"Yes, blogging helps us. Because when you post all of your idea's, thinking/knowledge and that on your blog, their might be people from around the country that work at a very special big company or job like that and they might like our post or what ever and maybe want to make something out of it and stuff".

Our Spark M.I.T day today has helped me re-evaluate my focus slightly that in order to ensure engagement for our kids, the teachers need to be engaged and on-board.  My next steps will include showing the teachers the results of the survey and creating multiple opportunities for them to write their blogs and understand the value in using them in their teaching and learning pedagogy.

To support me in this process, we have been paired up with Spark 'Buddies' who provide insight and 'another pair of eyes' on our inquiry process.  As part of the Spark Foundation's initiative Raven Garcia has the privilege of being my buddy this year.  We discussed ways in which I could use strategies that could engage my department like 'Toastmasters' and 'Linked in' for ideas which were really useful sites that I will explore further.  As I move towards a different (but related) focus, I am excited to take up the challenge.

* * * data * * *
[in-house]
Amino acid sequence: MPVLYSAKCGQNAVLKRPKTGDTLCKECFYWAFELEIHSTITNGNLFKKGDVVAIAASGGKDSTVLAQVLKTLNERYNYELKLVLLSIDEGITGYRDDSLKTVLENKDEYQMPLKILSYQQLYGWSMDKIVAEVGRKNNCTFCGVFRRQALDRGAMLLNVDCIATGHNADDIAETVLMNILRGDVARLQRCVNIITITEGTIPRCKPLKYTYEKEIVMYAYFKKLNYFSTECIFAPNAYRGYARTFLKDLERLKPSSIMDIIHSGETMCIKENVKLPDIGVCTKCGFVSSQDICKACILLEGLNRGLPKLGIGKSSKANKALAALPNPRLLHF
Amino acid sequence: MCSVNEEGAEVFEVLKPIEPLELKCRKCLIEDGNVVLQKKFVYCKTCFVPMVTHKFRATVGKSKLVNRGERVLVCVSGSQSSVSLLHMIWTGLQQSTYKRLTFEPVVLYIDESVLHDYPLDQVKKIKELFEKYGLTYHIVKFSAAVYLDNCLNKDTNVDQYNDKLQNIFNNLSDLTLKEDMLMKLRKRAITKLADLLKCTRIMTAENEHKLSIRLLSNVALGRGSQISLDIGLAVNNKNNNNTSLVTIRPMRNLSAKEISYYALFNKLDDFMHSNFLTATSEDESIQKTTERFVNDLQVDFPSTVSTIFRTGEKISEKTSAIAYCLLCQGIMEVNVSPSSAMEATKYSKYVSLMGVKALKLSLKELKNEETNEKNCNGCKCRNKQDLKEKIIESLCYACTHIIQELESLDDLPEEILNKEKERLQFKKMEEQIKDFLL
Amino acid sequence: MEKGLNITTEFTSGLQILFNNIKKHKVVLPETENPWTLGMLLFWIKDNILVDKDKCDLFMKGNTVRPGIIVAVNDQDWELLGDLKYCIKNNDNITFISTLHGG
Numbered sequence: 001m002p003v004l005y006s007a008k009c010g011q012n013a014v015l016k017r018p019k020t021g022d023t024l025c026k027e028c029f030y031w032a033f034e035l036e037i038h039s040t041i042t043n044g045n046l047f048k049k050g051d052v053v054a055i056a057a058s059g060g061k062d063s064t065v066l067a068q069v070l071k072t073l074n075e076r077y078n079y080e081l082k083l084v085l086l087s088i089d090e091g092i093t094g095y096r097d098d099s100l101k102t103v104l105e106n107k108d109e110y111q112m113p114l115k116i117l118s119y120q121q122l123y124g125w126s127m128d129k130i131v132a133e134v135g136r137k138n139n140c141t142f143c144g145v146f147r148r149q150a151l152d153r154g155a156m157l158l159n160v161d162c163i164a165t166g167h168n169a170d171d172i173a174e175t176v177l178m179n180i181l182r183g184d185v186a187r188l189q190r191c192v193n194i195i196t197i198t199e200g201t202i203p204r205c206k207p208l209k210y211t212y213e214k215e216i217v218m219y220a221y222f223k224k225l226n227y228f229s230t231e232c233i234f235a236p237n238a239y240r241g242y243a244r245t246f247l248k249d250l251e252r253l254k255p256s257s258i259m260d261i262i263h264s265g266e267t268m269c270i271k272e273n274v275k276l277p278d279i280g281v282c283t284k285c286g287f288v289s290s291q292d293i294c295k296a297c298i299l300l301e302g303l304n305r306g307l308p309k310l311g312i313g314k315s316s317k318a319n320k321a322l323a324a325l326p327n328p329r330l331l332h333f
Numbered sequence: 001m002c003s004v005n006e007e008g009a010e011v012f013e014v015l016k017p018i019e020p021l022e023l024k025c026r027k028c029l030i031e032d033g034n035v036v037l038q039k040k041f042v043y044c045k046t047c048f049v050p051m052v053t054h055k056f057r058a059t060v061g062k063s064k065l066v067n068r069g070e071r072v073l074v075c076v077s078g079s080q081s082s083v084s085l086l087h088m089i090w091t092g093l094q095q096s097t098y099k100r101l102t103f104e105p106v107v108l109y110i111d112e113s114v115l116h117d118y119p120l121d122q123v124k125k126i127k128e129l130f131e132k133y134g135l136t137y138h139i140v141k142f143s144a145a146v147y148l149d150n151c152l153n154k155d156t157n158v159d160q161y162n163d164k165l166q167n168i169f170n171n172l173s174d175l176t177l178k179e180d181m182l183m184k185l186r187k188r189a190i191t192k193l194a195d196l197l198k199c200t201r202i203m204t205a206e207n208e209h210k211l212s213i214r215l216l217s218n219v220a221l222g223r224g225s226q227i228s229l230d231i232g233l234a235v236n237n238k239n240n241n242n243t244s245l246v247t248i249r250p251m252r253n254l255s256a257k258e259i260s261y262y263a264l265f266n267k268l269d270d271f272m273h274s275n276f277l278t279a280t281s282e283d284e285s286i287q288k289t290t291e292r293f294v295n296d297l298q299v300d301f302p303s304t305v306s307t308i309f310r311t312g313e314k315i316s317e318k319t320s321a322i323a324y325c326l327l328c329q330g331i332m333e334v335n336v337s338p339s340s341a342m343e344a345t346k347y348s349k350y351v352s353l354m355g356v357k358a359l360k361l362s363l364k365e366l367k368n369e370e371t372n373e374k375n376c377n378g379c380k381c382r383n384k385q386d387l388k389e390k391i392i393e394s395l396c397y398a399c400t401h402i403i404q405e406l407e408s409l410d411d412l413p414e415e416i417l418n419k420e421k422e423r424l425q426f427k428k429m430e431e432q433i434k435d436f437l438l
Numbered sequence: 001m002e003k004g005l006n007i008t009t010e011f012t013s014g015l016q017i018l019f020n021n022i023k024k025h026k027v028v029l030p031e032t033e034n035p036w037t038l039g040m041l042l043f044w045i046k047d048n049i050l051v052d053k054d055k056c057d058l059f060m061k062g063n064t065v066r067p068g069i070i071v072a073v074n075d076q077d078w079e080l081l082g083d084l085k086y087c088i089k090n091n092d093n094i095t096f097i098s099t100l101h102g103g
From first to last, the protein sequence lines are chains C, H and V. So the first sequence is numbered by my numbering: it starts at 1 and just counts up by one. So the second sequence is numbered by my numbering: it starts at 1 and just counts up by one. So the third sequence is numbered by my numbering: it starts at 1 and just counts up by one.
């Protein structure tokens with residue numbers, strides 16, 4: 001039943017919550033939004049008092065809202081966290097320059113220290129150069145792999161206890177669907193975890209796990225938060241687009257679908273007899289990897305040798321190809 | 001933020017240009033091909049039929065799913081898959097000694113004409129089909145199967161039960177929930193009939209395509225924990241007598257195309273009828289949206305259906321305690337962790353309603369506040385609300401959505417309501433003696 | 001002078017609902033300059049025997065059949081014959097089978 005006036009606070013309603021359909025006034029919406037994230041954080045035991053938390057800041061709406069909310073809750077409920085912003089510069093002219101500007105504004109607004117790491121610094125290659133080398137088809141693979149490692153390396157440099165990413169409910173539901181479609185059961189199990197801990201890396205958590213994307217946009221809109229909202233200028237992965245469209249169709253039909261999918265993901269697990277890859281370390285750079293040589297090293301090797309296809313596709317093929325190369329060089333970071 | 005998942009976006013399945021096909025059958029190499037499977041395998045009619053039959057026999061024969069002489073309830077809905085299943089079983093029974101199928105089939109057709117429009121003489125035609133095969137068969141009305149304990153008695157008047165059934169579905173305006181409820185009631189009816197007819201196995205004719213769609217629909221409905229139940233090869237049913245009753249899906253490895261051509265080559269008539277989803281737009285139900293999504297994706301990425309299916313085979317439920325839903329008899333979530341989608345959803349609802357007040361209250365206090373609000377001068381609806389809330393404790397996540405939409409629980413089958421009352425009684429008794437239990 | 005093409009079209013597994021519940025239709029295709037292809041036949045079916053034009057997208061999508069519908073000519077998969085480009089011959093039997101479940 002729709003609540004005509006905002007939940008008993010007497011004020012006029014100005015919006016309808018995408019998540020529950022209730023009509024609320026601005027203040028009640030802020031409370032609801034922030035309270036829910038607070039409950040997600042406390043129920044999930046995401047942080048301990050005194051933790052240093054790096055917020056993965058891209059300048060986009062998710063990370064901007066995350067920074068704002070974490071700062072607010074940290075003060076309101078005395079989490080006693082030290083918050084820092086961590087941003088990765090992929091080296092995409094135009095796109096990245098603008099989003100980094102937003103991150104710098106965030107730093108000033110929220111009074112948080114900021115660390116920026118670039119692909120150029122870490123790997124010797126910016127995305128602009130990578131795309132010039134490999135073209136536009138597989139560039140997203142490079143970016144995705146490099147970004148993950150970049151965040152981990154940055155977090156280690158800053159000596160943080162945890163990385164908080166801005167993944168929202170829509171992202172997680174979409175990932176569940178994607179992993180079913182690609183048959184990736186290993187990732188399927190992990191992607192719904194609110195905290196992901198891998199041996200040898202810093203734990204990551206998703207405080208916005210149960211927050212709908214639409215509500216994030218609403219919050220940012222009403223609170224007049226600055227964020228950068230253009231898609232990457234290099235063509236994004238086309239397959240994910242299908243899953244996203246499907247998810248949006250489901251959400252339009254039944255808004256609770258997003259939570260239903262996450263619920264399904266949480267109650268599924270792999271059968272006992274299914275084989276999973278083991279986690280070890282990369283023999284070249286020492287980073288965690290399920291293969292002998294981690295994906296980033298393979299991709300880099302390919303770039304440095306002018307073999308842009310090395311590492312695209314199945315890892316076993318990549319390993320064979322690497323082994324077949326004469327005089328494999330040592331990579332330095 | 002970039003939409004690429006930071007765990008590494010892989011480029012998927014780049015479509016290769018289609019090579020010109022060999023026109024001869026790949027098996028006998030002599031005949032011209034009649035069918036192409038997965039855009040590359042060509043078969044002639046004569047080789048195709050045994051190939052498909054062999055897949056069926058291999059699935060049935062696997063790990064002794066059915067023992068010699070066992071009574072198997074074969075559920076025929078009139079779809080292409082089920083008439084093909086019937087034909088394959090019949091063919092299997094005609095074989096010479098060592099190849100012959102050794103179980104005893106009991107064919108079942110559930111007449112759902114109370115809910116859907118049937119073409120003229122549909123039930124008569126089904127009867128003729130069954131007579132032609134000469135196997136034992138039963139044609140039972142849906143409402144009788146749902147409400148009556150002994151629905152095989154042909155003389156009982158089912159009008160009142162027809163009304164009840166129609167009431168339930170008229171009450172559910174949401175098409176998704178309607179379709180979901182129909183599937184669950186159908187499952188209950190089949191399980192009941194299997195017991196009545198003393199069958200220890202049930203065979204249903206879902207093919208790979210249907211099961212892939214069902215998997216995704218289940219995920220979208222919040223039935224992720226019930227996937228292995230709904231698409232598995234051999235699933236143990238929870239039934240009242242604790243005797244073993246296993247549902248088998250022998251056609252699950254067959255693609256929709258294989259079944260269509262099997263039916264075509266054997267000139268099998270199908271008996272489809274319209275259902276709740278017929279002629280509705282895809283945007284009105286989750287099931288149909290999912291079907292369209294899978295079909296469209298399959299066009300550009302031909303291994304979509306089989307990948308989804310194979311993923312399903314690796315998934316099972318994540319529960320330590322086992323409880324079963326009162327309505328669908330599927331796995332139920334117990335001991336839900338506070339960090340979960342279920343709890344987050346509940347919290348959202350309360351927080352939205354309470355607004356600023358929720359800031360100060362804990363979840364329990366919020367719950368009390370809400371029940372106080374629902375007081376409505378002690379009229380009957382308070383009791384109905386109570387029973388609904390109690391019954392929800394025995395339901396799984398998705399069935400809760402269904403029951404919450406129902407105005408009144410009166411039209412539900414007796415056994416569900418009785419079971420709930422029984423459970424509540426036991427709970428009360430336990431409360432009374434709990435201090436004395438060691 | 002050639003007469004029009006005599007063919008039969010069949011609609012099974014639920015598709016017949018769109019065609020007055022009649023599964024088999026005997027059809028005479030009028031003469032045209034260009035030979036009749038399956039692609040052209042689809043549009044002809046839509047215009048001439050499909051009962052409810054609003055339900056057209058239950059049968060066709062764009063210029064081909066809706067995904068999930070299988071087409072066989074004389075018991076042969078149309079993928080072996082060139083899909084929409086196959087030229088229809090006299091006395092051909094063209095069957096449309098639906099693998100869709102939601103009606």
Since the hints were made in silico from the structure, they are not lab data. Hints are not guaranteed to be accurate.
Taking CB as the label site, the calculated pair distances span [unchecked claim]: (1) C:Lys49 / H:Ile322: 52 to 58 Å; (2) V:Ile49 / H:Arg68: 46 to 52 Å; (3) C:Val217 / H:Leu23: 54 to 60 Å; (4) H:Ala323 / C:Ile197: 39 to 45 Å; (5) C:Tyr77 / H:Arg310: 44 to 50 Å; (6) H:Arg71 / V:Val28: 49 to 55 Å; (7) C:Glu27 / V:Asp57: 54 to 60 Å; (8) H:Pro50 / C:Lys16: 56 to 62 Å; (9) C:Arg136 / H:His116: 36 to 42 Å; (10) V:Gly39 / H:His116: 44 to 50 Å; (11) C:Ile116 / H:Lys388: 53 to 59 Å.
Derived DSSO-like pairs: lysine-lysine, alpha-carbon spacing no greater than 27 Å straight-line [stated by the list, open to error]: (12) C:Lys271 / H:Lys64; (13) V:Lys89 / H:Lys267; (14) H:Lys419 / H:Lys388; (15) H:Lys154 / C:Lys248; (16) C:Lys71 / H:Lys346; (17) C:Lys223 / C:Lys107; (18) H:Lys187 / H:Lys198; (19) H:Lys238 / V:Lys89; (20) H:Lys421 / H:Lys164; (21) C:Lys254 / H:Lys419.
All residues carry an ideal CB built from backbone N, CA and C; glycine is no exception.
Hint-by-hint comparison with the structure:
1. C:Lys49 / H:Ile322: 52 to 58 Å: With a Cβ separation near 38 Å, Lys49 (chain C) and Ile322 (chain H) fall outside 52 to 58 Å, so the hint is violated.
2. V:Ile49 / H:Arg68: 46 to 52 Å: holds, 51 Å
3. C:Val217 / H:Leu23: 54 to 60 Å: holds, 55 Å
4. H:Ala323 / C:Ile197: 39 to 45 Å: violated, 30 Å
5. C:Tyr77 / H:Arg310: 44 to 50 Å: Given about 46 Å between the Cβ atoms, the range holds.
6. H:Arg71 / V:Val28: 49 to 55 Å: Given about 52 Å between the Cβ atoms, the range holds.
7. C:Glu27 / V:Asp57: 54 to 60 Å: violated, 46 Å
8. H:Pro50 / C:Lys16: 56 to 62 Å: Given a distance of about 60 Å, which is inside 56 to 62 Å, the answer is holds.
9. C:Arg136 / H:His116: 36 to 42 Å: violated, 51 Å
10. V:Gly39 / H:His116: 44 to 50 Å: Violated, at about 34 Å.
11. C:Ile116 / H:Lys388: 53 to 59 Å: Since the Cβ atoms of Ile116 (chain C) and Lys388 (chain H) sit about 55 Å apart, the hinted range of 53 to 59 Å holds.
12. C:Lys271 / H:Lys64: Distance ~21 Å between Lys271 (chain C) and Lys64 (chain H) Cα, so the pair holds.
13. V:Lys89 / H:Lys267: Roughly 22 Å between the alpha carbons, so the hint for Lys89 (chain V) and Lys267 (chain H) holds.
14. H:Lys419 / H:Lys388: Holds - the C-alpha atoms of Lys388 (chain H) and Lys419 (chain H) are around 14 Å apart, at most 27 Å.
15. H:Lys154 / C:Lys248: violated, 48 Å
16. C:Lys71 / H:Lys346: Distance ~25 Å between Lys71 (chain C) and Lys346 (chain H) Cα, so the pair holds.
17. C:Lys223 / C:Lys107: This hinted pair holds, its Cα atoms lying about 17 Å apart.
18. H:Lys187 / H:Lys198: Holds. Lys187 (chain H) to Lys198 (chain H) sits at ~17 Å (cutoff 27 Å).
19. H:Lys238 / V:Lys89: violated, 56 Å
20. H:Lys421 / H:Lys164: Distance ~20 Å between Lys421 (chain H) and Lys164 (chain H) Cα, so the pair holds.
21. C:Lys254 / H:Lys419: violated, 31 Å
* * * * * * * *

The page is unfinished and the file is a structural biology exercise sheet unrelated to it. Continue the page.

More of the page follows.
Spark M.I.T team getting to know each other

Friday, 12 May 2017

Making new habits - when teachers blog in a department meeting

One of the key achievement challenges that we have in our cohort is how to raise the writing levels of our students, particularly our boys.  At our department meetings, we are limited on the amount time we get to spend on figuring out ways to engage and motivate our students to write. Quite a bit of time is spent on admin, which is no doubt important, but alas once we get to talk about strategies and relevant activities that we could use in the classroom, the fatigue of a long meeting has set in.  Nevertheless, I needed to use the short time I had at the end of our meeting to tackle a few things that I wanted them to understand - blogging is important and relevant for teaching as inquiry and we need to use and develop more structured writing frames in the classroom.

Aaron Wilson from Woolf Fisher says that one of the ways to get students to write is to ensure that they are writing for a purpose.  The purpose for the writing activity that I got my team to do was essentially for their teaching as inquiry but also to understand how important it is to guide our students through writing. We also expect our students to blog and yet it has not been a main focus for many of our staff.  Only one of my team members regularly blogs and I felt it important to allow my team to blog in an safe and comfortable environment.